The new reality.
Economic outlook for 2023.
Now that we’re facing the final stretch of a busy year... It's time to make predictions for the year to come. What will the economy bring us? No-one knows, but we have a few facts to get a snapshot of the new reality of 2023. We’ll have to adapt it as things pan out, but here we go:
Globally, and especially in the European Union, we think that economic policy is ever less dependent on the central banks and more in the hands of politics, which exerts pressure to maintain its capacity to subsidize its electoral policies. After the latest interest rate increases, we believe that there will be no short term market increase; at most, there will be some rebounds which, from our point of view, should be used to get ourselves out of the situation, given the clearly downward medium term trend. Interest rates are not going to lower in the short term either. There has never been such a rapid and pronounced increase in interest rates. Once the rates reach the top, they will probably stay at that high level for quite some time. This has never happened with a market that is in such debt. We’ll need to see what happens with profit and loss accounts once credits need to be renewed at higher rates over the coming year and whether this ends up affecting employment and spending, given that the ECB has decided to shift all its efforts from the adjustment to the private economy. If geopolitical tensions do not relent and the war in Ukraine continues, raw materials, especially fuels, will remain at a high price. For these reasons, it seems like a good idea to moderately increase investment exposure to tangible assets, taking greater care over real estate assets, which may be at the end of their upward cycle. At this juncture, it is most likely that the central banks will start to toy with the idea of increasing the balance point of inflation from 2% to 3-3.5%, given that inflation looks like it isn’t going down anytime soon, due to second-round effects, among other factors, and it seems like QE programs that generally re-increase liquidity aren’t coming back either. All of this will cause a transfer of wealth from savers to debtors, slimming down the middle class even further, and the governments (especially of the US and some European countries) might window dress their accounts when the debt/GDP ratio goes down. Therefore, we need to forget about zero percent interest rates and about the stock markets recovering their maximum level of 2021 prices for the time being. Our point of view is that it clearly hasn’t hit rock bottom yet. At the moment, advance indicators such as the increase of inventories foretell a general recession, but the crisis indicators aren’t in the red yet: high volatility, the opening of credit spreads, an upturn in unemployment and a real lowering of spending; when that happens, then yes, we'll be in a new crisis.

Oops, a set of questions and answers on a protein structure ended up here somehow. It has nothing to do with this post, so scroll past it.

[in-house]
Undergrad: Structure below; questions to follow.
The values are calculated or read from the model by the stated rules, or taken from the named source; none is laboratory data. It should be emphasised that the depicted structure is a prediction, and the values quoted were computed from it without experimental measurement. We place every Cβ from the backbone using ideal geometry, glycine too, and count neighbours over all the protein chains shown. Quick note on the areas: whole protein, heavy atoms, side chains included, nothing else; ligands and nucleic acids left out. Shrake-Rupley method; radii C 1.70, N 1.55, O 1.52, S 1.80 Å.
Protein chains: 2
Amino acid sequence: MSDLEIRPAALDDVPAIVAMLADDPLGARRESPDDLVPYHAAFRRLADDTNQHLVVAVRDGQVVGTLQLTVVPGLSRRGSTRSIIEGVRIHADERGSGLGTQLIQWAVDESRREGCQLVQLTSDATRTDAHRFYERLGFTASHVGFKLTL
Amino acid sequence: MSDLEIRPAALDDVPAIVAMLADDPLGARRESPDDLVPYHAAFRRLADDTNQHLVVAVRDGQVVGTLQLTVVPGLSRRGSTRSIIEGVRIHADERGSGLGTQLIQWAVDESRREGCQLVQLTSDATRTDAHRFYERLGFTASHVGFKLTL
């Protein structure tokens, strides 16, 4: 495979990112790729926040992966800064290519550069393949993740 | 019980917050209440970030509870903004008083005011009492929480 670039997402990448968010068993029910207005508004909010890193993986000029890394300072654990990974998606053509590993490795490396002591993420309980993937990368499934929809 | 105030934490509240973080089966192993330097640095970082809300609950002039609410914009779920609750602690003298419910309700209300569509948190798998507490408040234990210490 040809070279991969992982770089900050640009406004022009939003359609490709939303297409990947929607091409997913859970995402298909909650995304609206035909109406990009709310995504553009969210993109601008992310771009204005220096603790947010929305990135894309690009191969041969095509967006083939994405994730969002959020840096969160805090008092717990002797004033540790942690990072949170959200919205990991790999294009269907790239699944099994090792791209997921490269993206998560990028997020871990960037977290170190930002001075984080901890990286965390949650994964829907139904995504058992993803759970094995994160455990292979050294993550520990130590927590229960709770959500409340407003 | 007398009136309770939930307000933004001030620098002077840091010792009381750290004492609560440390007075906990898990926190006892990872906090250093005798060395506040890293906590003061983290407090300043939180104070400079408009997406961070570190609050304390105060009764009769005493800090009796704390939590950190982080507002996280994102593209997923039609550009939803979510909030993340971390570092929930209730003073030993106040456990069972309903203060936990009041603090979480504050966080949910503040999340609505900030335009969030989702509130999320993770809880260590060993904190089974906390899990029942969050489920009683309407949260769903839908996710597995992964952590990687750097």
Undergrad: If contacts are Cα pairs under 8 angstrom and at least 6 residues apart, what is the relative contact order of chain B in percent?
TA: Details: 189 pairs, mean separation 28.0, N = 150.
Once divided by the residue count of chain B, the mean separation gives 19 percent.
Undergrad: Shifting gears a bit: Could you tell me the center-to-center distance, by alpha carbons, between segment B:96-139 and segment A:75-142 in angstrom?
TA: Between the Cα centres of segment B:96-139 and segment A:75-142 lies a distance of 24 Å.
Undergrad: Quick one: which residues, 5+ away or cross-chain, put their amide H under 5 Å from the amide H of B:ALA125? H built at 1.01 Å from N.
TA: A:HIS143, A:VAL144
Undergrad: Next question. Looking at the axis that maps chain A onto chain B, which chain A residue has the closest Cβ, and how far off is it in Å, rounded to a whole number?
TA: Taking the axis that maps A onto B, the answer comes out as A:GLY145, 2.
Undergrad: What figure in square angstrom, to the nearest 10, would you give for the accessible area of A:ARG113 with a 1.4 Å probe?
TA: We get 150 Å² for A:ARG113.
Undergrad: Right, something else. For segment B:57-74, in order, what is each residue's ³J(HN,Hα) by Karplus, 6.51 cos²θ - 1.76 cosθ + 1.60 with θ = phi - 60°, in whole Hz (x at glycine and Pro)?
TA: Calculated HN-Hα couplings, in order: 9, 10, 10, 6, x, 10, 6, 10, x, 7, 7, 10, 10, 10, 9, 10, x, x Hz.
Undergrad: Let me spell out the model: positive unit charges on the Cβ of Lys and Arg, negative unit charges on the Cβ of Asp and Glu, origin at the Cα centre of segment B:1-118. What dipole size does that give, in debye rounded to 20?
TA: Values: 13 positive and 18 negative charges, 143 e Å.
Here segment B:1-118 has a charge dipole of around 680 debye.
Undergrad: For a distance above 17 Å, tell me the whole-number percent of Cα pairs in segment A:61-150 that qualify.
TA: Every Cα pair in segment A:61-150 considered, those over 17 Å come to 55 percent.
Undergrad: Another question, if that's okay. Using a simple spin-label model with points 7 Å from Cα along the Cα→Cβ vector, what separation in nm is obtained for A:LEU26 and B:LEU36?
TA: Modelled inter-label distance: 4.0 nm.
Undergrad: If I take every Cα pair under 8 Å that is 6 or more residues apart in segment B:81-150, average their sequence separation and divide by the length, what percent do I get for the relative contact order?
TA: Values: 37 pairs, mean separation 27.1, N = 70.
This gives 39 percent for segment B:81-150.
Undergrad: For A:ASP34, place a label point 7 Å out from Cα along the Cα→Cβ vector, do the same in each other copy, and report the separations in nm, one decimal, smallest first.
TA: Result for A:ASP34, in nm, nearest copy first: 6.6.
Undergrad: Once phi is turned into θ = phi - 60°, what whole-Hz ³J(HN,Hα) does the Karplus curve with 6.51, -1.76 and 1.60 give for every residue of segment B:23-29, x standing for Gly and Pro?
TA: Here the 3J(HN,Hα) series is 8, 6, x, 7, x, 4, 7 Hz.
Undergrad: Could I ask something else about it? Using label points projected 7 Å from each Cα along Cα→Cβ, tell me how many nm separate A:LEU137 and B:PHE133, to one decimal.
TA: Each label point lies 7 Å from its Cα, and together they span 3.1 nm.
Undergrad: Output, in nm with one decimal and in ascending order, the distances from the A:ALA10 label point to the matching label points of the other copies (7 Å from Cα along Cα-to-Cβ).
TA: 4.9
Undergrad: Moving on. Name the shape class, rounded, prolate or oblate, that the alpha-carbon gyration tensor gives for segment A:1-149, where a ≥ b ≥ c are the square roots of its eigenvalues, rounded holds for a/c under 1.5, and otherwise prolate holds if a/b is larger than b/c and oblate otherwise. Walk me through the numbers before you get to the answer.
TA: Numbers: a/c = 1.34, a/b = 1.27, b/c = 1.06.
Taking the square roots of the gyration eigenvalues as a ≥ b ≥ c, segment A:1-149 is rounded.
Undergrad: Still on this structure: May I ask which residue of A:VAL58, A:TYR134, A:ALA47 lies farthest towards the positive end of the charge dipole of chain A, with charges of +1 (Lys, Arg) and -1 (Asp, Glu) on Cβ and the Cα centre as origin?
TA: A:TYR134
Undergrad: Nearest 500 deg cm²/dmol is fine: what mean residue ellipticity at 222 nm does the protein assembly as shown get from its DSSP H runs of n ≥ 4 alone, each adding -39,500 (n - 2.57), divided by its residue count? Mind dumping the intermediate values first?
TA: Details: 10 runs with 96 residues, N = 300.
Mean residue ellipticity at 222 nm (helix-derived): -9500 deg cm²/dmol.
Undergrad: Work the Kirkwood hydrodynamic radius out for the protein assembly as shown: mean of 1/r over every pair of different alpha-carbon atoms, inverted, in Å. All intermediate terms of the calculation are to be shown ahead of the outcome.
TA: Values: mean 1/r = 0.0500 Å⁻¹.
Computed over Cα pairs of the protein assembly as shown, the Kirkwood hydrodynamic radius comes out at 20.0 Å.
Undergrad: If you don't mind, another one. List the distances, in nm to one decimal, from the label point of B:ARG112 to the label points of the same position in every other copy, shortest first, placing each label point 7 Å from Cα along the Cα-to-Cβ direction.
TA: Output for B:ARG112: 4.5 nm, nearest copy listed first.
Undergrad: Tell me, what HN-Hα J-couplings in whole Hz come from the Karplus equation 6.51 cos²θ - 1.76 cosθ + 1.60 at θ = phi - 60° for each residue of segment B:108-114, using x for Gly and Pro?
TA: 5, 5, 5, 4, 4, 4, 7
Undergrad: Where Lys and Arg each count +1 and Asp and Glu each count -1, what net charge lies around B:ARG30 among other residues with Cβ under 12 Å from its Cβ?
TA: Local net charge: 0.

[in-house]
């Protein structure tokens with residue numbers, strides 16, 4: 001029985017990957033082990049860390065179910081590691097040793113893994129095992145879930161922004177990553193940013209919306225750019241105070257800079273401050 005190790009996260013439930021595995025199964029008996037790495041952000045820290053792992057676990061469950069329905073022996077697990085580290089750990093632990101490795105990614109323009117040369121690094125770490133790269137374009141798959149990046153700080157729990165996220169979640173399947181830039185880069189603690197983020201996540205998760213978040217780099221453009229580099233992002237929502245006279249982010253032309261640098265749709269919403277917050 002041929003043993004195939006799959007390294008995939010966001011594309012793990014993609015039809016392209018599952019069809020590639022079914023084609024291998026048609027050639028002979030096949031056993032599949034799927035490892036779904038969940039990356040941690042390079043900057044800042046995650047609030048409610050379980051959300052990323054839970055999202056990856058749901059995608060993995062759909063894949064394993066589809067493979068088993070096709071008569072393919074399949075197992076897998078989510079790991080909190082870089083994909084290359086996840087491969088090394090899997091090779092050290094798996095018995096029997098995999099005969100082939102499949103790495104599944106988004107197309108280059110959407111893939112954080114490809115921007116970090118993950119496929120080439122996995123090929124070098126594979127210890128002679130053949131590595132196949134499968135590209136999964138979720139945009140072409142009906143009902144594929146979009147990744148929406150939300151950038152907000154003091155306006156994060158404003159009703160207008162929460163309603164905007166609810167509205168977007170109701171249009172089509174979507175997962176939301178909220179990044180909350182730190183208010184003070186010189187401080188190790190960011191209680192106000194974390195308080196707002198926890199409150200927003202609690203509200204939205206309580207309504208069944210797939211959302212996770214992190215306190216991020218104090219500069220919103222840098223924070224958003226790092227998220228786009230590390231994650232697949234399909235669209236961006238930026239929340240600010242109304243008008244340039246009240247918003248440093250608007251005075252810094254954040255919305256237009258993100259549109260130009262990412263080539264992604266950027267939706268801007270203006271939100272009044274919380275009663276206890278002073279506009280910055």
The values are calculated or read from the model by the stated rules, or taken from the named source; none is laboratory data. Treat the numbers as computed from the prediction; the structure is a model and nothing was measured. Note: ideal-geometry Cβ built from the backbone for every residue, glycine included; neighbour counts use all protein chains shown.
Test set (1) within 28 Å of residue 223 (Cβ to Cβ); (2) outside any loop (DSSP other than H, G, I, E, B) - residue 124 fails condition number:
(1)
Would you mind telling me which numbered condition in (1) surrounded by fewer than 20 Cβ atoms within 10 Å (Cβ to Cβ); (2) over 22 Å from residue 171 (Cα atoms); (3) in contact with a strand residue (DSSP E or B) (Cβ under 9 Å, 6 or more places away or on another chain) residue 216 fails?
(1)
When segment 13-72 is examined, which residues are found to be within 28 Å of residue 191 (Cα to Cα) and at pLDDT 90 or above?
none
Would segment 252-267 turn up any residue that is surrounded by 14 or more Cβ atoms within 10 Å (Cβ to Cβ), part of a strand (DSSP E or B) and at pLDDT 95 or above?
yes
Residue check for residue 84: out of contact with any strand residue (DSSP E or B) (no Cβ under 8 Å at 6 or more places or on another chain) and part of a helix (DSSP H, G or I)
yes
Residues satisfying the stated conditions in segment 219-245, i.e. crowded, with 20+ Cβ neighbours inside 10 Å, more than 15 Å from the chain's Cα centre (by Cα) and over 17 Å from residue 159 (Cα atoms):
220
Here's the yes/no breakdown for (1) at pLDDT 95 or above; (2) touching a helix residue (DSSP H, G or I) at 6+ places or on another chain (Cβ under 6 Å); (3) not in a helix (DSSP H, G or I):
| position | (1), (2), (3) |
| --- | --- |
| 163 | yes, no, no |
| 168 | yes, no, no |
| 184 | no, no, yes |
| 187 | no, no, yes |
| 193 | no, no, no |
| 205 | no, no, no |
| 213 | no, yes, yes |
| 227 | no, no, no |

Specifically, in the Swiss oasis, we don’t expect large second-round effects which lead to salary and price spirals. If energy prices are stabilised and supply bottlenecks are improved, as it seems might happen, internal inflationary pressure might be contained. In turn, it’s probable that the Swiss franc will become stronger against the euro in the short term, and against the dollar in the medium term. The big difference in inflation between Switzerland (2021: 0.6% *2022: 2.9% *2023: 2.1%), the US and the Eurozone points to the significant possibility of appraisement in the Swiss franc.
As regards the crypto forecast, this month has been contradictory and marked by the bankruptcy of FTX, which has been on the cards since last summer when the FDIC (Federal Deposit Insurance Corporation) asked FTX to stop making false statements about the protection of its clients’ deposits. At the same time, however, one of the indicators we use, the Bitcoin Yardstick, hasn’t looked as good for a long time, and we are witnessing unprecedented valuations that haven’t been seen since Bitcoin was at 4-6k USD. Even so, the end of helicopter money and the crisis of confidence generated by this bankruptcy, in addition to precedents such as the Terra-Luna ecosystem and others, will take many investors out of this market for a while; it will lead others, the true believers, to the decentralized exchanges (DEX) of the DeFi ecosystem; and it will lead others, we think the majority, to seek regulated operators in front line countries while Bitcoin finds ground from where it can change the trend. Meanwhile, the market itself will likely play less serious trading schemes out of the picture, pending more regulation and a better financial culture around digital assets.. As Javier Callejo explains in his article from 13-09-22: “In the meantime, it all looks like that very short story by Monterroso: When crypto woke up, Bitcoin was still there. Just as decentralised as ever. Without having to depend on anyone specific.”
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